As the trend in 3D films continues to rise in the states, a number of different directors are giving it a shot themselves. Tsui Hark decided to create Flying Swords of Dragon Gate and make it a 3D experience, but wanted to keep other aspects grounded. Fans delighted when they heard that Jet would be joining the cast, paring him up with the director for the first time in almost 10 years. Would the combination of Li and Hark benefit from the enhanced technology, or was it simply too ambitious of a project?
The characters in Flying Swords of Dragon Gate cover a very wide spectrum. Most of the main characters have their own unique quirks and styles, making it very easy to tell them apart. Some of these characters stand out more than others, but there is enough banter between the characters to get a basic sense of their personalities. Sadly, other characters have almost no development and one simply takes an action at the end of the film that left me scratching my head. While you get to know the character’s personalities, don’t expect to know anything else about them. Their pasts are ignored and motivations are shrouded, which is a shame, to be honest.
The story, on the other hand, is an absolute mess. Part of this has to do with character development and understanding motives, while another has to do with the how complicated the plot becomes. First off, it’s difficult to tell if this is a sequel, remake, or re-imagining of Dragon Gate Inn. There are references to the film, making me think it’s a sequel, but then other parts seem to be re-used concepts from Hark’s remake. There were times I though certain characters were re-cast, only to figure out they were different people entirely. In truth, the plot gets so confusing that I found myself losing interest by the end of it all. I think a more streamlined story would have been better for this film; it was just too much information to take in at once.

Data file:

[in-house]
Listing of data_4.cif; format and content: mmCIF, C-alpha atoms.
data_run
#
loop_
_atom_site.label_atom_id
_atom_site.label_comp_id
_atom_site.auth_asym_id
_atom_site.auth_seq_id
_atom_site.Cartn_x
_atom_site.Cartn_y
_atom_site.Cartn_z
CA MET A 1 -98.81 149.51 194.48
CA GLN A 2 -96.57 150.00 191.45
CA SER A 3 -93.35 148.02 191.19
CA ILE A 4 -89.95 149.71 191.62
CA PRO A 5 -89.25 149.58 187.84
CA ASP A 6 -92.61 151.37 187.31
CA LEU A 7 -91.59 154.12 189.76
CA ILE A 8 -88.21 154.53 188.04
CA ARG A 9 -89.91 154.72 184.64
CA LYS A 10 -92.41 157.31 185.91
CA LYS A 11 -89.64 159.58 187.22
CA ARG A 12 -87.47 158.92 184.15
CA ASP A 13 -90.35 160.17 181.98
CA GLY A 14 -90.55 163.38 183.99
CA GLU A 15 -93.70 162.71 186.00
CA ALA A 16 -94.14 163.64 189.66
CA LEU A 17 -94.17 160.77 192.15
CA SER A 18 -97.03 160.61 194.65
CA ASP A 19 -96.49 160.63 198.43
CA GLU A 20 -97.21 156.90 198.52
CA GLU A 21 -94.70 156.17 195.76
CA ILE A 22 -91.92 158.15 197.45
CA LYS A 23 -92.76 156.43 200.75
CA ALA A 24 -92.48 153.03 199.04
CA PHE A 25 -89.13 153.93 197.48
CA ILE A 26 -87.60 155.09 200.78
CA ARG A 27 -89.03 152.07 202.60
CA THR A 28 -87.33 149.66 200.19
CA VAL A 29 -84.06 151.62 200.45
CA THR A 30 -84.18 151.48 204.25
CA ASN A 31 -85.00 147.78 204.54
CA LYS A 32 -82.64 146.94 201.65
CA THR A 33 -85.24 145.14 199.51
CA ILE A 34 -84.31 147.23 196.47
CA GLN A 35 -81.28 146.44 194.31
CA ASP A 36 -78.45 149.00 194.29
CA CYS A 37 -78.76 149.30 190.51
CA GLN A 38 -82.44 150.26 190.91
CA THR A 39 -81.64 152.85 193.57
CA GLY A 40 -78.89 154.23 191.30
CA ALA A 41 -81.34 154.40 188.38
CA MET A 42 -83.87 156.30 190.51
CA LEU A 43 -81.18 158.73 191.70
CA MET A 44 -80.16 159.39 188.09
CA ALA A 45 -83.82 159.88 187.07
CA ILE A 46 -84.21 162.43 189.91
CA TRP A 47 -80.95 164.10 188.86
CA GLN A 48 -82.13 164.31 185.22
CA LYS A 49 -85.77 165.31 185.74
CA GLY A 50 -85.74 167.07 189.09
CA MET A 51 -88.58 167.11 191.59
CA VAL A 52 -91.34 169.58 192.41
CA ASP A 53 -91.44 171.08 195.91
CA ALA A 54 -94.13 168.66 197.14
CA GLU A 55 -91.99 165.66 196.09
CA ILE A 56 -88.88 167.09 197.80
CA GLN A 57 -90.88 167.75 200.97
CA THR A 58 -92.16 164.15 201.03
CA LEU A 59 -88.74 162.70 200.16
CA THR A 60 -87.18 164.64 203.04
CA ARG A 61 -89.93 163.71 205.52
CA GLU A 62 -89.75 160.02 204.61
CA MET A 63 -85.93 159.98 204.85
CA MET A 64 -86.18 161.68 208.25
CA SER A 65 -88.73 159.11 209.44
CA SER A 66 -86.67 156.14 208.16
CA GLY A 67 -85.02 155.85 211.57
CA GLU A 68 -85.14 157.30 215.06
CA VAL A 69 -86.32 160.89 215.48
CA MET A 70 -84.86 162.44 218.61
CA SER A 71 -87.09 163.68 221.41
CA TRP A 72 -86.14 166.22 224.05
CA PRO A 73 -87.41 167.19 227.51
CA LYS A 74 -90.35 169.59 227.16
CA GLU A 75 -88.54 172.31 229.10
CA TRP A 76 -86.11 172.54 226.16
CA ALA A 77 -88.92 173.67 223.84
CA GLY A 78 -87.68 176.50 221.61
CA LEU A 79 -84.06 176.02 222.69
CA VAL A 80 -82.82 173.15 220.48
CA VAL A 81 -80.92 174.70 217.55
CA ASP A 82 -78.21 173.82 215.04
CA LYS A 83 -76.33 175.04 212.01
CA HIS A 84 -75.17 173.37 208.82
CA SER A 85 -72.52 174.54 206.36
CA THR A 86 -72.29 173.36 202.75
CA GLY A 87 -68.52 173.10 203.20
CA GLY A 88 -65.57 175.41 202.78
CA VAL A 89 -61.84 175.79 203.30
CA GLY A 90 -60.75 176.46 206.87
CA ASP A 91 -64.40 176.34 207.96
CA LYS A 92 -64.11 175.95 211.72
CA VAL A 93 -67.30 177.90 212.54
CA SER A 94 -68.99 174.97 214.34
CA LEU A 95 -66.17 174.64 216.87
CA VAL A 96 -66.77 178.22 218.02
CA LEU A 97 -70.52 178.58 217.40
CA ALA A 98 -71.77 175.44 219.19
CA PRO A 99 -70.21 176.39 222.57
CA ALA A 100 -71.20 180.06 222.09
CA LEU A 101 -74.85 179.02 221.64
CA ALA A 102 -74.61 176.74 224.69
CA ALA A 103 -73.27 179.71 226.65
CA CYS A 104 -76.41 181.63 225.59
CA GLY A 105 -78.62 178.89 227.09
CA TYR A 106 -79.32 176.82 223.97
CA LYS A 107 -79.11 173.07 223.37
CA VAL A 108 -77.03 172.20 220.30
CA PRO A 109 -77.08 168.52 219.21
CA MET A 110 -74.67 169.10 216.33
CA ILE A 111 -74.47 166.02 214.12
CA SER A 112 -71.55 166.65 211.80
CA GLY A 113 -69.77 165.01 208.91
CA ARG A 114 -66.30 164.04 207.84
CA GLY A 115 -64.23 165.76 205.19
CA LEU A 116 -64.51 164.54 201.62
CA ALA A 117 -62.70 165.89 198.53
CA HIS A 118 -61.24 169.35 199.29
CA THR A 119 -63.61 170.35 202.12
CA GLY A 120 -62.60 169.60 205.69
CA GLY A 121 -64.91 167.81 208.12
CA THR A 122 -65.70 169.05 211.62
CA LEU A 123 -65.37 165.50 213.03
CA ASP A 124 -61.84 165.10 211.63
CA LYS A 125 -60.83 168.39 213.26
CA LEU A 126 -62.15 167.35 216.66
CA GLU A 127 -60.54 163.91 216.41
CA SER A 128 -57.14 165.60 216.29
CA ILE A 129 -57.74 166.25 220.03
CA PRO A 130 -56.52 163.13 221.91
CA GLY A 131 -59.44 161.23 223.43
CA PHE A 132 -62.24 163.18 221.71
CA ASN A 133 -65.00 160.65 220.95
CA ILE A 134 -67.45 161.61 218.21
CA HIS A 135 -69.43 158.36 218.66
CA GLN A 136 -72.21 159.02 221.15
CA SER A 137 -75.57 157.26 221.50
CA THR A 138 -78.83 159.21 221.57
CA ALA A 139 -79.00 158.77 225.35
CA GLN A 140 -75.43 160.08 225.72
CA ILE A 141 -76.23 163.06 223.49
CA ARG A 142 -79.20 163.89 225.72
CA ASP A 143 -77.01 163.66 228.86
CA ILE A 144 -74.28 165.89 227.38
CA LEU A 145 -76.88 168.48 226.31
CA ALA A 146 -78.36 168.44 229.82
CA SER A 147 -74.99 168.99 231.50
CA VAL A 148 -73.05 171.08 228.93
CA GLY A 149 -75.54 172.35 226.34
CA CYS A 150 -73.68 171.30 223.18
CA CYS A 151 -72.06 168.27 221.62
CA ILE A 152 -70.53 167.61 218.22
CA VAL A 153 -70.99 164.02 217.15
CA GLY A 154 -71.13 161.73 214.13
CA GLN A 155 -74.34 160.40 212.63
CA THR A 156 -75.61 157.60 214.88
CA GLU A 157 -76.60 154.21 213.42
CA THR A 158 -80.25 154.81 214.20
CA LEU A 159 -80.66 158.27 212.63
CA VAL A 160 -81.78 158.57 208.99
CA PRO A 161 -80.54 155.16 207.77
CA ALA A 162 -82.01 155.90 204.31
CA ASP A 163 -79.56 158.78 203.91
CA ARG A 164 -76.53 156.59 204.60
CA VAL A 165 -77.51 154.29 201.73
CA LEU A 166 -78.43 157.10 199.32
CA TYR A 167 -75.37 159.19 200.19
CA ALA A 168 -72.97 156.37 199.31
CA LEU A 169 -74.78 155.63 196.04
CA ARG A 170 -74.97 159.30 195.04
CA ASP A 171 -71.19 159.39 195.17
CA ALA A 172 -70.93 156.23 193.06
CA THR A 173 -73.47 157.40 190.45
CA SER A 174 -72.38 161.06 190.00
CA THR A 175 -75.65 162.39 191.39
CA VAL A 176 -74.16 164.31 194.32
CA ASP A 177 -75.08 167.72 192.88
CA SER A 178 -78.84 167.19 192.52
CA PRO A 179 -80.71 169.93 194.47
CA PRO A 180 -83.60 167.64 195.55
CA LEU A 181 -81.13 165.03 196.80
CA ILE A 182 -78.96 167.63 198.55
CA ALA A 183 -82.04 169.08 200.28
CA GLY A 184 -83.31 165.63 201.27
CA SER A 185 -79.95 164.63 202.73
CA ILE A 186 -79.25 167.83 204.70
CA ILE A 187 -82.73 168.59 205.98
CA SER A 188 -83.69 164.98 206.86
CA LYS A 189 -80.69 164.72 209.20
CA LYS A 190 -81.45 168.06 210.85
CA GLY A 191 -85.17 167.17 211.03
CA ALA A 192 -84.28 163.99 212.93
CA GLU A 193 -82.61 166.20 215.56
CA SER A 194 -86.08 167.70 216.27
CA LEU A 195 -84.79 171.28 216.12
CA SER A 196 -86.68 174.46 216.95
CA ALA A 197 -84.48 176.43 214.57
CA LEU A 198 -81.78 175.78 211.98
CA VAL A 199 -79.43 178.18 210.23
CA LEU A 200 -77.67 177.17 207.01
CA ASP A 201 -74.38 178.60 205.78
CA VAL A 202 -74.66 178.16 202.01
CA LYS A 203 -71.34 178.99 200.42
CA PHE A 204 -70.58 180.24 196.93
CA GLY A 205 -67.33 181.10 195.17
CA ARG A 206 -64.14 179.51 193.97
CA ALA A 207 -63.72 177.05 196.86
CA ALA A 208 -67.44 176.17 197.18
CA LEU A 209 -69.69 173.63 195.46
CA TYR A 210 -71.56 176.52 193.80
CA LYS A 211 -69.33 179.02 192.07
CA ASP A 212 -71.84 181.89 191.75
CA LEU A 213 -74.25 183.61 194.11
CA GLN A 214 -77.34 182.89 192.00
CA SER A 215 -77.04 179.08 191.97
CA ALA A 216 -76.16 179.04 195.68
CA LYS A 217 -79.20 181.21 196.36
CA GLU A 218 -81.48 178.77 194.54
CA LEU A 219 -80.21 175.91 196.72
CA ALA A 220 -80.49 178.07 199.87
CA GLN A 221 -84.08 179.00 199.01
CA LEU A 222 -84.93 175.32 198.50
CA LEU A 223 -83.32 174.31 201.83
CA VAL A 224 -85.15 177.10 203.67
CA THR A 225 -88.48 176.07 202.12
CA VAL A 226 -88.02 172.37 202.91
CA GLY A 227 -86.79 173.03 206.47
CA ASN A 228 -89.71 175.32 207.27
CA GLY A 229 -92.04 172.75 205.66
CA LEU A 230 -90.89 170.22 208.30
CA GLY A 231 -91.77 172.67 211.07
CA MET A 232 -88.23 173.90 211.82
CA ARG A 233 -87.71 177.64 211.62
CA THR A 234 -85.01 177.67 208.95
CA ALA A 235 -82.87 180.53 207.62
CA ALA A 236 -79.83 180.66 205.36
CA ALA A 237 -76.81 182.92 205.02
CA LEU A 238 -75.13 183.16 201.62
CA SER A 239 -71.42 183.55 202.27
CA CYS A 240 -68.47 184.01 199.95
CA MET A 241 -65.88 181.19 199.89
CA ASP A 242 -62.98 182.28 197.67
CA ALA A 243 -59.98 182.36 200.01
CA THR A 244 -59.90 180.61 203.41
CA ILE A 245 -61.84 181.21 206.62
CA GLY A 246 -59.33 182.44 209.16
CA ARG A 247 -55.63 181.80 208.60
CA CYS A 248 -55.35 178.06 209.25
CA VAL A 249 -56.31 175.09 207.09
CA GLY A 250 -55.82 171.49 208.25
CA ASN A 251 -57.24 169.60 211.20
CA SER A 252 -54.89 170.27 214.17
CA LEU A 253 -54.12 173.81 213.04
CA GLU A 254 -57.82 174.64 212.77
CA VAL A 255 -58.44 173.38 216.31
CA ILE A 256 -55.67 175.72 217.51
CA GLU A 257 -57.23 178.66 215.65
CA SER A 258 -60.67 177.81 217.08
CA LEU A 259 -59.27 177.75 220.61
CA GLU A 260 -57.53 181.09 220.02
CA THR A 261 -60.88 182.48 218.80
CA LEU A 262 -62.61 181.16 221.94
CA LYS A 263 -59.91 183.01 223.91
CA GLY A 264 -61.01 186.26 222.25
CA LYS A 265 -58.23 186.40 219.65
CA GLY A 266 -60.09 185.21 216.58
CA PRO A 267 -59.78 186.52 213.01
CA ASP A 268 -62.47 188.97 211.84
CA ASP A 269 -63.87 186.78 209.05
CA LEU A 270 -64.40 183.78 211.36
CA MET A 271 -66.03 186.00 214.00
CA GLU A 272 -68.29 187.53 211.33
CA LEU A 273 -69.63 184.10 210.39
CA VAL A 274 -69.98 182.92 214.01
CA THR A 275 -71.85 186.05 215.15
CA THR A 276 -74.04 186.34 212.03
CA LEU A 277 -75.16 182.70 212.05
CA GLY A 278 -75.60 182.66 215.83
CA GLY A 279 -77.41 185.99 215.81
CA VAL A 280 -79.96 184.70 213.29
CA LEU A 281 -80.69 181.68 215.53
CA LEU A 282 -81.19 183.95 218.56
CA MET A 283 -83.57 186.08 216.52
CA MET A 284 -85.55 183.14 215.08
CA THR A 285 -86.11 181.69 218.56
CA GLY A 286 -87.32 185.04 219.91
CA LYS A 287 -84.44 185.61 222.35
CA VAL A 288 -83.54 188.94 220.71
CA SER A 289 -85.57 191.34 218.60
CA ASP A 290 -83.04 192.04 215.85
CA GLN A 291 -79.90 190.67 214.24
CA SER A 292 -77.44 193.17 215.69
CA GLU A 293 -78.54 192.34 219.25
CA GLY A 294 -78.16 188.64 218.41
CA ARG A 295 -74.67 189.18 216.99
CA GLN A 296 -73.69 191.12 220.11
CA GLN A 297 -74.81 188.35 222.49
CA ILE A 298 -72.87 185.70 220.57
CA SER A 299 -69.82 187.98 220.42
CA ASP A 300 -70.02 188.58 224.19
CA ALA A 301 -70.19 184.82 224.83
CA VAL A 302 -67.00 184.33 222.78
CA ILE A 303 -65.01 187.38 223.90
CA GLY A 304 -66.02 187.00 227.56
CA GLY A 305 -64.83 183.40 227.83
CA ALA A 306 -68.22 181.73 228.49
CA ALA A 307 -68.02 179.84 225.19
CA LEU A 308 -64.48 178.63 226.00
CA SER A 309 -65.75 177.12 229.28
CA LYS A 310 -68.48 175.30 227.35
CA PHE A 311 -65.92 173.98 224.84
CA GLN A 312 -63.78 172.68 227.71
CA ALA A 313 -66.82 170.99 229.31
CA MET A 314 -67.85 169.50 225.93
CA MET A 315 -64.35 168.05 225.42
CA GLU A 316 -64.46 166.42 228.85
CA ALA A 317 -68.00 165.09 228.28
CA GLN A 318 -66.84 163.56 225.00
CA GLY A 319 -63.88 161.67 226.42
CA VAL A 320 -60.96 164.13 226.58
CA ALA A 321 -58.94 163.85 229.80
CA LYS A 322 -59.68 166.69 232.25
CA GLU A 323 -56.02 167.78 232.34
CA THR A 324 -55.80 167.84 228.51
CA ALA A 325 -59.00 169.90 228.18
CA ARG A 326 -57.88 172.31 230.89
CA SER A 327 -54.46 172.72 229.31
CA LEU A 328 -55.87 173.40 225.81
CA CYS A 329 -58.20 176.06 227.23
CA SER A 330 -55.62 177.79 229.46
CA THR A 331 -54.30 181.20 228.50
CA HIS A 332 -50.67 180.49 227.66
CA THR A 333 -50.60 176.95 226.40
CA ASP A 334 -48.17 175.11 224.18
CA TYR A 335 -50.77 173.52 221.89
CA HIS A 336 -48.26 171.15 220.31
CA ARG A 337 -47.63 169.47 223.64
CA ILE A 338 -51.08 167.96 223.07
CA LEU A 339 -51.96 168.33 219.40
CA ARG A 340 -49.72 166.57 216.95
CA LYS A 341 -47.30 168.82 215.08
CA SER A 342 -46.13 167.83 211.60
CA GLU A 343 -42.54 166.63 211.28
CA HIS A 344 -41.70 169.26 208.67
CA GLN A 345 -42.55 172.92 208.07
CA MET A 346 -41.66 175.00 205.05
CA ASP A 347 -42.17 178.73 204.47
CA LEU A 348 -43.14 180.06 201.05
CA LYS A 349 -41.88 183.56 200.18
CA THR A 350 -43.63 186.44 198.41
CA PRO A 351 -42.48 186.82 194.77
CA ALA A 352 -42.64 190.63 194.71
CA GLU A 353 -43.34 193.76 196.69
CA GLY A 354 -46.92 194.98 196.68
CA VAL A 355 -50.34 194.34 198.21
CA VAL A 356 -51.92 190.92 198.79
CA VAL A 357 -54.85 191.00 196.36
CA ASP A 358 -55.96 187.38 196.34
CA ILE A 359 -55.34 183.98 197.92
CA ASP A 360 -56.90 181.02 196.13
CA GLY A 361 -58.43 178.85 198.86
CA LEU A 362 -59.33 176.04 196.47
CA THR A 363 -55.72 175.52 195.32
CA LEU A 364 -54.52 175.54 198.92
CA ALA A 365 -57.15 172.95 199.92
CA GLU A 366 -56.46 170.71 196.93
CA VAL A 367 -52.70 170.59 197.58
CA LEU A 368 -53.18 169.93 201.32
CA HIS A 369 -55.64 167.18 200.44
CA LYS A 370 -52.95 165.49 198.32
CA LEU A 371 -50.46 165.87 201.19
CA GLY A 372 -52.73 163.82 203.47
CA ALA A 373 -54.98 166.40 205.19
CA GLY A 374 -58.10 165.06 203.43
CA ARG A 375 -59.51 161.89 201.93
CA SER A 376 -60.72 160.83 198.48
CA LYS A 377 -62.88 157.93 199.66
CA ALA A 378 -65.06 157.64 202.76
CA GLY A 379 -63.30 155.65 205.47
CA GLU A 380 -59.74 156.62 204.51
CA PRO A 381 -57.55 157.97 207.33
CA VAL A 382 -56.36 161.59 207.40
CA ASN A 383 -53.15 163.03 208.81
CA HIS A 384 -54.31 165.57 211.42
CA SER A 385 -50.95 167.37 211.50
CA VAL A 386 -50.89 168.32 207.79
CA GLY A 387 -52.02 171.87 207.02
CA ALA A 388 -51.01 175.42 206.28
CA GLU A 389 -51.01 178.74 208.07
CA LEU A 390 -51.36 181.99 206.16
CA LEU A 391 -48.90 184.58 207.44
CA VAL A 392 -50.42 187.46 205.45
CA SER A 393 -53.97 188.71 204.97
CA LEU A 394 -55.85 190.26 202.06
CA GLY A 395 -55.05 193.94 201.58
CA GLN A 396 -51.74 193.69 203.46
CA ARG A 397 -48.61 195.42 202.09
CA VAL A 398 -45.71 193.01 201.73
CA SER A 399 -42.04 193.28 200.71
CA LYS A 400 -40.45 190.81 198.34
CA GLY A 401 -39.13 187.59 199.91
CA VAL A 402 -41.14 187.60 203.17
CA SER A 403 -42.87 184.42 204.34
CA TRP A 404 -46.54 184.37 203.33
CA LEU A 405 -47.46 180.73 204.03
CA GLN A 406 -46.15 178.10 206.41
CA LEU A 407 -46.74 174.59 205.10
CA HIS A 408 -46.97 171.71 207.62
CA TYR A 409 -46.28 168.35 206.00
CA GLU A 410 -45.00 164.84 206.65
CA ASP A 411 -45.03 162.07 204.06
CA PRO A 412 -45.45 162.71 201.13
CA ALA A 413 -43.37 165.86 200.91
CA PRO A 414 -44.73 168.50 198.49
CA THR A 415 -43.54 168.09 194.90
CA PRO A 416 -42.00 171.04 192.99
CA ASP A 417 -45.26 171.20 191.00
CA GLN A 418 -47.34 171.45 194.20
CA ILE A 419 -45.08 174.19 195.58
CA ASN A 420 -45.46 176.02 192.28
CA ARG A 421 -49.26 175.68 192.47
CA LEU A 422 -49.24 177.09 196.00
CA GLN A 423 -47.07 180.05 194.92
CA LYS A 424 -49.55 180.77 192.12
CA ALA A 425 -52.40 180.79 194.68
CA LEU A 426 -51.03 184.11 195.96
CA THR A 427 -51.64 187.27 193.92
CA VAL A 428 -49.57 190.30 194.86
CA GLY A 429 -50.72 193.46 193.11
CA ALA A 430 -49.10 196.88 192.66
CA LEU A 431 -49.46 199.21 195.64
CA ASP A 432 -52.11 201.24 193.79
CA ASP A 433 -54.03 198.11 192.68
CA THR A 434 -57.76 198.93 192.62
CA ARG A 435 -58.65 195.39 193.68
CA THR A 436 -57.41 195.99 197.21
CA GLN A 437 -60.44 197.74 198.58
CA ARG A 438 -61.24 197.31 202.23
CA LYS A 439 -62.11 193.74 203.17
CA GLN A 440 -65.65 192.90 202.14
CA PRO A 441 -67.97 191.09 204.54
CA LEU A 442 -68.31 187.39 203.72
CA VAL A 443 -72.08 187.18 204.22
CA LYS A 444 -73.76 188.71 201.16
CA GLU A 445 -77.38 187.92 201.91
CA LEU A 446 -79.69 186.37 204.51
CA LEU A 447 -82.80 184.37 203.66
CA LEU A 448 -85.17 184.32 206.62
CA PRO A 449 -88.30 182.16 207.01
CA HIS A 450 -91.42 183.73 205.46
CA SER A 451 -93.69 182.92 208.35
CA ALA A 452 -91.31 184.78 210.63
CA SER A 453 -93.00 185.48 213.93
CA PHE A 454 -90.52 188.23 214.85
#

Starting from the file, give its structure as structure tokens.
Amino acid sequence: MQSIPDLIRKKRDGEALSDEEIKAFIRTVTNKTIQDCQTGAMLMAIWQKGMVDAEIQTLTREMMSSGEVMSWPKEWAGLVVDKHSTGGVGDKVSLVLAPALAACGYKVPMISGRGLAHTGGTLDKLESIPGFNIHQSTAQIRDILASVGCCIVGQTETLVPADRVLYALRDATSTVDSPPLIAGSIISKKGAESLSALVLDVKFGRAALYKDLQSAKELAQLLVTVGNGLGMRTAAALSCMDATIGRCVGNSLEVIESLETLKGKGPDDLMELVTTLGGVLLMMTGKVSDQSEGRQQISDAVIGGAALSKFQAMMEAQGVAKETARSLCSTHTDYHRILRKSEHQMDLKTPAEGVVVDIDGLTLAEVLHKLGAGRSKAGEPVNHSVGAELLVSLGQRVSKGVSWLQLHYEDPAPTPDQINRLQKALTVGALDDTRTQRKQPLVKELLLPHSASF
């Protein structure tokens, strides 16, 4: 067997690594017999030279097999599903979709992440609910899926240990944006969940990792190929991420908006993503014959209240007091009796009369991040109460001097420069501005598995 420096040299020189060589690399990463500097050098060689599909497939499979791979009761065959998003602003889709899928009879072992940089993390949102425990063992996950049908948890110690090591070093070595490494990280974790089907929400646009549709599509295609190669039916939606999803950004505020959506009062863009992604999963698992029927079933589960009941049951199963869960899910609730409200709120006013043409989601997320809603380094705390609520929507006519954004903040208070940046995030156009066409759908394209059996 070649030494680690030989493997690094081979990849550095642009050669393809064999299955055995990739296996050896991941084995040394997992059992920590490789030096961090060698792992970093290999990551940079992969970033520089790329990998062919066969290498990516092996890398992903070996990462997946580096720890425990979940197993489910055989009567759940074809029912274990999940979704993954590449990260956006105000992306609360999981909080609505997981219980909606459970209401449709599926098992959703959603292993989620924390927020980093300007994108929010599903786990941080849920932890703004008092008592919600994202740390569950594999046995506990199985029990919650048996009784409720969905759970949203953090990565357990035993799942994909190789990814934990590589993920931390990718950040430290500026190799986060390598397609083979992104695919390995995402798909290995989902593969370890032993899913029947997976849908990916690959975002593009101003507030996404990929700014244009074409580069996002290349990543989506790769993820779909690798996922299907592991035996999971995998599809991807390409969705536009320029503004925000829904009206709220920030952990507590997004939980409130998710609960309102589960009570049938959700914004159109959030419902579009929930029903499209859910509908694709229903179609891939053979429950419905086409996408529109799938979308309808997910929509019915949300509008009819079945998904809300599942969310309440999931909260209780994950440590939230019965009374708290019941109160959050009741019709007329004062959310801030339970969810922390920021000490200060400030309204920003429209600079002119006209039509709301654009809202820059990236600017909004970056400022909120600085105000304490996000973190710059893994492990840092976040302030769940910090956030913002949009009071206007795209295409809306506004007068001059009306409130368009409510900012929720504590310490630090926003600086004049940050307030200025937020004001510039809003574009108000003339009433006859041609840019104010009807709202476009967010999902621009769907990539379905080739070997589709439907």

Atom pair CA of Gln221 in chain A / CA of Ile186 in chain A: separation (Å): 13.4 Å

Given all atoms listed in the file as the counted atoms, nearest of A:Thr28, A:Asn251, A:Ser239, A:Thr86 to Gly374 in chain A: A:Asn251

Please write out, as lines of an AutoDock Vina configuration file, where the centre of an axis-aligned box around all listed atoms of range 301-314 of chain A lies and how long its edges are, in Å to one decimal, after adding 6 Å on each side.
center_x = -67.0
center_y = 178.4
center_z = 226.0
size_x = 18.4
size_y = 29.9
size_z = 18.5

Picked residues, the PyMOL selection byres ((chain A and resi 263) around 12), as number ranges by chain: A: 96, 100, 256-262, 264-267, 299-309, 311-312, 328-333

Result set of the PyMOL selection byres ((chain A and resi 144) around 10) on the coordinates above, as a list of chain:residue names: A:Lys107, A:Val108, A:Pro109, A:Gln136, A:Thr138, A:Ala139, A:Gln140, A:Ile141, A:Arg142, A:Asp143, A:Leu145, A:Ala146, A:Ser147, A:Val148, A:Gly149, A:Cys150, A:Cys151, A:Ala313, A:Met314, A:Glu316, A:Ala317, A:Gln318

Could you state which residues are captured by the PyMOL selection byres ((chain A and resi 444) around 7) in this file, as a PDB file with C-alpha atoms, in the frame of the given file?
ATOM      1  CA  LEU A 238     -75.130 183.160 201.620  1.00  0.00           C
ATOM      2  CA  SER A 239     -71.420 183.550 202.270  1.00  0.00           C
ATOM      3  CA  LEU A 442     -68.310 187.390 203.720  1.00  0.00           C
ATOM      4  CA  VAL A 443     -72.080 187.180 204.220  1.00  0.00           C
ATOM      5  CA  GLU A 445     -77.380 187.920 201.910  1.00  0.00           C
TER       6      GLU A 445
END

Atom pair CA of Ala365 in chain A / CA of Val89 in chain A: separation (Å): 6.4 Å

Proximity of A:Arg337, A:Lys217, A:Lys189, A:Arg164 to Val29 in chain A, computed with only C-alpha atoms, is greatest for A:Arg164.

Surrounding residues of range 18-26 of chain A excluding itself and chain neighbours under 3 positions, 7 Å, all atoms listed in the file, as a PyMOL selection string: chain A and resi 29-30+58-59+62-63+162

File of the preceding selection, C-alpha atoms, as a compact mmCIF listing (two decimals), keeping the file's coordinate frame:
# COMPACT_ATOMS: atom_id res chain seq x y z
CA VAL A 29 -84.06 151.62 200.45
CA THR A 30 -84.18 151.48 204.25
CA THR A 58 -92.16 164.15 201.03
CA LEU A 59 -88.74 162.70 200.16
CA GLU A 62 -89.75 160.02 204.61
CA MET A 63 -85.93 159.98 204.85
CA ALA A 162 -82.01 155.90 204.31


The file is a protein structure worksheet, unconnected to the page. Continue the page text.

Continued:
Expect a lot of this….a lot of it
Flying Swords of Dragon Gate has everything you’d expect from a 3D film. Blades shatter, chains break, clothes tear, and daggers are thrown….a lot. There are 2 ways to take in this type of action: it’s either the director’s creative choice or it was simply done for 3D. Even if I give the film the benefit of the doubt (and that’s a big IF) the use of CG for the fights is just bad. There are so many flashy things going on that it really doesn’t feel like any of the fights are worthwhile. I’ve never seen so many swords break in my life, and the finale was just a waste of time for me. Much more could have been done with the talent at hand, and the most entertaining parts were when no special effects were involved.
Own it, Watch it, or Skip it?
Oh Jet, where did you go?
I have no problem with directors wanting to use 3D. However, if it becomes so prevalent that the audience can tell which sections were created for it, it’s not worth the time. More work should have gone into the story and giving emotion to the settings instead of just creating over-the-top sequences. Oh, and for all you Jet Li fans out there, he’s hardly in this movie. If you’re a Tsui Hark fan, you may get some enjoyment out of this, but everybody else should just stay away from this movie. It’s simply not worth it.